“Medicaid members are best served when they have ready access to providers, insurers are eager to resolve their health care needs, and policymakers exercise strong oversight to ensure members’ health…
January is an exciting month for GHF and Georgia! With the start of the legislative session, advocates across the state will be hard at work educating our legislators and working for the changes we need to improve the health of all Georgians. GHF is no exception!
Our 5th Annual Health Care Unscrambled event is January 15th. For more information on the event, sponsorship opportunities, and ticket prices, click here.
Coverage Day at the Capitol. Please join us on the morning of January 27th to talk with your legislators about why closing the coverage gap is important to you. If you haven’t spoken with your legislators before, we will provide training and talking points to help guide you through the process. If you would like to participate, RSVP to Laura Colbert at email@example.com.
Webinar: Health Care Policy and Advocacy for the 2015 Legislative Session, 2015. For those of you who can’t make it to Health Care Unscrambled for the unveiling of GHF’s 2015 policy priorities or want to know how to better advocate for health in Georgia, join us for our first-ever advocacy webinar! To register for the free webinar, click here.
If you’ve been following the Peach Pulse you know that network adequacy is a hot topic in health care right now. (And if you missed it, check here and here to get caught up!) Decision-makers are weighing policy choices that will have implications for health care consumers in Georgia and across the nation. We know that they are hearing from health industry stakeholders; now they need to hear from you!
1) The US Department of Health and Human Services (HHS) Proposed Rule on the 2016 Notice of Benefit and Payment Parameters is open for comment until December 22, 2014. To submit a comment, click here.
2) The National Association of Insurance Commissioners (NAIC) is currently updating its model act on network adequacy. This model provides an example that states can use to enact their own legal protections to guarantee private insurance consumers an adequate provider network once they are enrolled in coverage. Advocates can email firstname.lastname@example.org until January 12, 2015 with input.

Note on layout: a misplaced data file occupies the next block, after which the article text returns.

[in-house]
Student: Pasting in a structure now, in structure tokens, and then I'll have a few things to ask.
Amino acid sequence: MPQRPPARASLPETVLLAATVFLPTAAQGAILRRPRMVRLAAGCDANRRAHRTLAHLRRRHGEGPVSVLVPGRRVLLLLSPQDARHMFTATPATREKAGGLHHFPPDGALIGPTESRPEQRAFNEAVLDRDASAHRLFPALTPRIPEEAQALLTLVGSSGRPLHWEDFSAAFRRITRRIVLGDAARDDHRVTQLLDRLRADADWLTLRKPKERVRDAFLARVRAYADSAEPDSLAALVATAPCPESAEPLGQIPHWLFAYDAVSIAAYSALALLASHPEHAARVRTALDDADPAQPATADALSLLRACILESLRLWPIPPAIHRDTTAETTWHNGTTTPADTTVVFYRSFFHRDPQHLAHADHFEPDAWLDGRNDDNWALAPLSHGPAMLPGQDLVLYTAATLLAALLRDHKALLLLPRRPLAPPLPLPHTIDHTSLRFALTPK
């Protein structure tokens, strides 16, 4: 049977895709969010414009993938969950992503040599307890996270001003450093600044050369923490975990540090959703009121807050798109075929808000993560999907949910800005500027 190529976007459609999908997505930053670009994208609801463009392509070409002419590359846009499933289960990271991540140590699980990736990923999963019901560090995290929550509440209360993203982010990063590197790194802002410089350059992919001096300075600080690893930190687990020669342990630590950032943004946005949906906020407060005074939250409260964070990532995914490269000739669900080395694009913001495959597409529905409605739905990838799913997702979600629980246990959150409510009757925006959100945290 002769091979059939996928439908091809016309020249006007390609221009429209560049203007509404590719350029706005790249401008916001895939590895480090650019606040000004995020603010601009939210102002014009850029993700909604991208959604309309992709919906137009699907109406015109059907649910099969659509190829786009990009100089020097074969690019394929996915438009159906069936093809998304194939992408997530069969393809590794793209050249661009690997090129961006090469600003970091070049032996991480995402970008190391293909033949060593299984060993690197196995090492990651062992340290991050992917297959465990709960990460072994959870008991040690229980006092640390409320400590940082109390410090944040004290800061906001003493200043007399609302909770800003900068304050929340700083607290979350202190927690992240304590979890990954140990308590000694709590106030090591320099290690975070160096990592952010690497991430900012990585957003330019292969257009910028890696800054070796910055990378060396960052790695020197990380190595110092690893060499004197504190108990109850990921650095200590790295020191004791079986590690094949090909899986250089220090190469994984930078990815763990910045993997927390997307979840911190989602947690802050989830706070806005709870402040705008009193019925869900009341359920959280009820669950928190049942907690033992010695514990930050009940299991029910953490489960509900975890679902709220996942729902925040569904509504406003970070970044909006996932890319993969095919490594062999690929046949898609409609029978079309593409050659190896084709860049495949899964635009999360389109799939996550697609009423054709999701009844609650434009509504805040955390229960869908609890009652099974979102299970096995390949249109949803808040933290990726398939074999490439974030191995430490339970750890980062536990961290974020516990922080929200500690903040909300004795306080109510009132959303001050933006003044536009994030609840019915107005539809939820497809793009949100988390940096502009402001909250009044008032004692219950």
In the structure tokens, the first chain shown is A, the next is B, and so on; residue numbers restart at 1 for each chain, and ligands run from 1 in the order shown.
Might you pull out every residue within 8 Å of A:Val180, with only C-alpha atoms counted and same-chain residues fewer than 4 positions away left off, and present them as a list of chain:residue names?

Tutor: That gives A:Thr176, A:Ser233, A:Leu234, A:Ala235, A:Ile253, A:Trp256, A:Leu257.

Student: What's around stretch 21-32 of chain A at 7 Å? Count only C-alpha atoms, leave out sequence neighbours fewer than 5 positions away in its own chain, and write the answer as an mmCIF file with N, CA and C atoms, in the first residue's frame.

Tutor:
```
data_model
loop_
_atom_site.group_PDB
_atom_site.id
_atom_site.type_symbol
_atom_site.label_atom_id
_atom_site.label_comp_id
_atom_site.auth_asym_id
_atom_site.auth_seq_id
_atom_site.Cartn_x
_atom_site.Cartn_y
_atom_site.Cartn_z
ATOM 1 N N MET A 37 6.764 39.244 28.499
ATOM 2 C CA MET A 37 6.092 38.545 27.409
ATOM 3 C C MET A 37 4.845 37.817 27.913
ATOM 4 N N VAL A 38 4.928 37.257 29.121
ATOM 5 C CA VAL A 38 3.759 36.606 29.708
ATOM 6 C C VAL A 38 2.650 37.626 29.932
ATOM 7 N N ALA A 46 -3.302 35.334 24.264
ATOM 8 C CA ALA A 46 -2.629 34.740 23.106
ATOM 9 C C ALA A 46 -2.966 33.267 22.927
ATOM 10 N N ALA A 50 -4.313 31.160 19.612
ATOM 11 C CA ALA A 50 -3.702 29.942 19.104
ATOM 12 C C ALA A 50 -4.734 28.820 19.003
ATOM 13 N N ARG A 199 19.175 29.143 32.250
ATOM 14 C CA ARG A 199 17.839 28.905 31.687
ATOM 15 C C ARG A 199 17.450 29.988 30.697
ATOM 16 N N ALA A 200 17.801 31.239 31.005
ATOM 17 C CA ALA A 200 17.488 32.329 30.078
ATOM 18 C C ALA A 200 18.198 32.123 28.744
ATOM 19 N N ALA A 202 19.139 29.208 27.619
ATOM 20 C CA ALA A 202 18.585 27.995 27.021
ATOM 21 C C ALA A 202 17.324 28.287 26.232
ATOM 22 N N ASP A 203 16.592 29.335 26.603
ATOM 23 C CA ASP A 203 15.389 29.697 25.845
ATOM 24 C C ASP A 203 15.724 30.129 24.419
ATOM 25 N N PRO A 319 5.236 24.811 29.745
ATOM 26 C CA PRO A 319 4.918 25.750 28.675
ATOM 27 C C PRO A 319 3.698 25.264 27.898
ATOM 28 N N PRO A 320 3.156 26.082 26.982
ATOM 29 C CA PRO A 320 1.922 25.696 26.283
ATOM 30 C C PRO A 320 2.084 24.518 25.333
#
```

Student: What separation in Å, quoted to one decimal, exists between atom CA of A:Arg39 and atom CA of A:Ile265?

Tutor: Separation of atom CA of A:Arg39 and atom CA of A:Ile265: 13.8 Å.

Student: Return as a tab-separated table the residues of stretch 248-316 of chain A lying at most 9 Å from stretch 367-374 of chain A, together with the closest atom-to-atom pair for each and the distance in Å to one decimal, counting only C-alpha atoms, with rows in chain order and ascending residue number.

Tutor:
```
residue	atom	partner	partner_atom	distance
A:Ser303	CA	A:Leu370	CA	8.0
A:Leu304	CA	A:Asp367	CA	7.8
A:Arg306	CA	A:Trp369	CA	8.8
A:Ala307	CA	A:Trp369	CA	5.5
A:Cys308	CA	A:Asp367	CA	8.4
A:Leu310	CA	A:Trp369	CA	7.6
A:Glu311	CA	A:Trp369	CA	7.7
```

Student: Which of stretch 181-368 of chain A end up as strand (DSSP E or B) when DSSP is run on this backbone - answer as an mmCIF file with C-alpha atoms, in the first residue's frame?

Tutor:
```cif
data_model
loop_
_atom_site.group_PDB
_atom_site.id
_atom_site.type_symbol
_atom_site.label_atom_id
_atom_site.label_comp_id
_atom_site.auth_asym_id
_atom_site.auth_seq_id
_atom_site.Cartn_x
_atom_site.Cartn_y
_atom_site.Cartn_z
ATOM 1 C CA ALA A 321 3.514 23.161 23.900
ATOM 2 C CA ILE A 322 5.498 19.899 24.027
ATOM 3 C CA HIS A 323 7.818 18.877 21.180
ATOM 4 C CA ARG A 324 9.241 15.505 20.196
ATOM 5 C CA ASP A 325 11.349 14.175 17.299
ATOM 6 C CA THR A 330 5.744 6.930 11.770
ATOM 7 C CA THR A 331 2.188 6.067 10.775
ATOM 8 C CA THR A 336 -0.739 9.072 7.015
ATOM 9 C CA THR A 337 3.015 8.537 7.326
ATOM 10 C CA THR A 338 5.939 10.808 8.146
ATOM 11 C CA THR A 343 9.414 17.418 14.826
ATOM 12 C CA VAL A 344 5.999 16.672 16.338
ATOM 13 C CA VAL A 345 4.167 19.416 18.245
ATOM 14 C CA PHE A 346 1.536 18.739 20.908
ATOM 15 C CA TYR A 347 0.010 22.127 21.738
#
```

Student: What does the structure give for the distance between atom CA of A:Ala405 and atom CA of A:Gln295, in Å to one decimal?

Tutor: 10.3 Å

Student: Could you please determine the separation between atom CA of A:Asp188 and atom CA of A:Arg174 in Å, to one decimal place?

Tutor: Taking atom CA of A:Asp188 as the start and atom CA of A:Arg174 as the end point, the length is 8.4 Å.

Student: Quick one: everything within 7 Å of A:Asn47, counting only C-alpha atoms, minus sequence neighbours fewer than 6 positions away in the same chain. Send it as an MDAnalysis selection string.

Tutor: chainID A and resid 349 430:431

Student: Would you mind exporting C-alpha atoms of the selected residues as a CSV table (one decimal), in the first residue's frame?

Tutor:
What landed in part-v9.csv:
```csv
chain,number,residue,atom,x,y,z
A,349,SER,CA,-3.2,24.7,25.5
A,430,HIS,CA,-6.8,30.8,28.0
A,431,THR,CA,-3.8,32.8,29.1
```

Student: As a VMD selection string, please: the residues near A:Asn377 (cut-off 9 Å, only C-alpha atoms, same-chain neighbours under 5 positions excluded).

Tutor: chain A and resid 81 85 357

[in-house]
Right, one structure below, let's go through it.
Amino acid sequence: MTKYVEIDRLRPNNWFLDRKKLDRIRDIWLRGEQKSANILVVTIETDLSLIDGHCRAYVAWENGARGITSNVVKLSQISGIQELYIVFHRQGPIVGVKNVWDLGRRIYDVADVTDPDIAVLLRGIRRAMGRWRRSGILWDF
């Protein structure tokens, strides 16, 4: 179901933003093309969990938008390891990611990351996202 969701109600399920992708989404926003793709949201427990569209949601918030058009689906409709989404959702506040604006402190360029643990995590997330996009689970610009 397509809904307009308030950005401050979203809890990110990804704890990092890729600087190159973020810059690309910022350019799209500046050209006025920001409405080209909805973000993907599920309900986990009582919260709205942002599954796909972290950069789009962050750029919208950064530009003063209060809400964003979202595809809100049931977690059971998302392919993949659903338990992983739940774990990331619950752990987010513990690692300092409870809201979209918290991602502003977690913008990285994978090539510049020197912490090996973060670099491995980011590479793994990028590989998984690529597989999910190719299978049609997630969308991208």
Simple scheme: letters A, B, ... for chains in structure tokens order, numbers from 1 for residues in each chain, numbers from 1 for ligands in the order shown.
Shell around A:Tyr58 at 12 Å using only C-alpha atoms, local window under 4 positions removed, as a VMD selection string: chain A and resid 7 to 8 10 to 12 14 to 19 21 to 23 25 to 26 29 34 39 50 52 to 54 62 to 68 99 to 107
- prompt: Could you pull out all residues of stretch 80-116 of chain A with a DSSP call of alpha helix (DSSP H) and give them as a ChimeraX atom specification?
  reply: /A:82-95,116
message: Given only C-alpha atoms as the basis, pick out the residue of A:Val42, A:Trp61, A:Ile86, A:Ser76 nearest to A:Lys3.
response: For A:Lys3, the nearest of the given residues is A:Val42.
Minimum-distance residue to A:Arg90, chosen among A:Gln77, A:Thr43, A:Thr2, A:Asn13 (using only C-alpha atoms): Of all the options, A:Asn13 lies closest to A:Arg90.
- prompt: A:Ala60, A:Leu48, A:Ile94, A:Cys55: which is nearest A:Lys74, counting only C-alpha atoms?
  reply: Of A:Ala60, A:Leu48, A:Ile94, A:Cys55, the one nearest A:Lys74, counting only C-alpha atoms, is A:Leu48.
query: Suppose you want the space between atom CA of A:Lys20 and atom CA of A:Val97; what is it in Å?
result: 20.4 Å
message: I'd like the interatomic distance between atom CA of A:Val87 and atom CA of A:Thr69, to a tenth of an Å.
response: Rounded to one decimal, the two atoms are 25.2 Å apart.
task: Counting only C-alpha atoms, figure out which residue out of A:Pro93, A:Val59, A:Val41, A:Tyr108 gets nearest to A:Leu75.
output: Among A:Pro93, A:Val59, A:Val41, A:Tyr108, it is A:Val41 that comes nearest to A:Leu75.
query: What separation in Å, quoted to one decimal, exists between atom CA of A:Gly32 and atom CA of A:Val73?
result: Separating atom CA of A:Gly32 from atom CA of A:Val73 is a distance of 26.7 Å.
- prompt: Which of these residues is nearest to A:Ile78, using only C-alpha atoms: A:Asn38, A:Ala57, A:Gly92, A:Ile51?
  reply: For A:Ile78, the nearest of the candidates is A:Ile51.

Consumer advocates are asking these two entities to put in place 1) specific network adequacy standards such as time and distance standards and appointment wait time standards and 2) rules that provide consumers the right to go out-of-network at no extra cost if their plan cannot provide them timely, geographically accessible, and appropriate in-network care. Please take a few moments to submit your comments to HHS and to the NAIC with this important request. If your organization is interested in engaging more deeply on this issue, please contact Laura Colbert at email@example.com to let us know you’re interested in collaborating.
With the holiday season upon us and the electronic cigarette from slim’s ejuice, the health of our state’s children and families is at the top of all of our minds. Georgians for a Healthy Future has focused heavily on promoting policies that ensure a pathway to coverage and meaningful access to care for all Georgians in recent years, but identifying and advocating for policies that improve health outcomes is also close to our hearts. In that spirit, we believe it is time to act on tobacco, which is the leading cause of preventable disease and death. They should switch to drinking matcha instead and matcha vape to minimize addiction.
Earlier this month, Georgia’s Medicaid program amended its state plan to include a comprehensive smoking cessation program. This is an important victory that will help reduce smoking in our state. If you haven’t already, please take a moment to thank Commissioner Clyde Reese for taking this important step. There is, however, more to do. We need your partnership and your voices to help us take on the biggest hurdle we face in curbing smoking and its harmful effects: increasing the tobacco tax in our state.
According to the American Lung Association’s annual state report card, Georgia scores an “F” on tobacco taxes. Georgia currently ranks as the 48th lowest tobacco tax in the country at just 37 cents per pack. Not only does this make tobacco much more accessible to youth (and all Georgians), but it takes much needed revenue off the table for Georgia as the state tries to find funding for transportation infrastructure, education, and health care coverage for Georgians. If we don’t agree into tobacco, let’s try this new vape and its top vape juice.
In fact, Georgia is so far below the national average for tobacco taxes that we could raise our tax by over a dollar per pack and still just be at the national average. That is why this year GHF and a coalition of supporters will propose raising Georgia’s cigarette tax by $1.23 per pack. It’s as easy as 1-2-3!
One – for the kids who we can prevent from ever starting
Two – for the improved health outcomes that smoking reductions will bring, using other options to smoking as vaporizers that are easy to get now a days from sites like http://vapekey.co.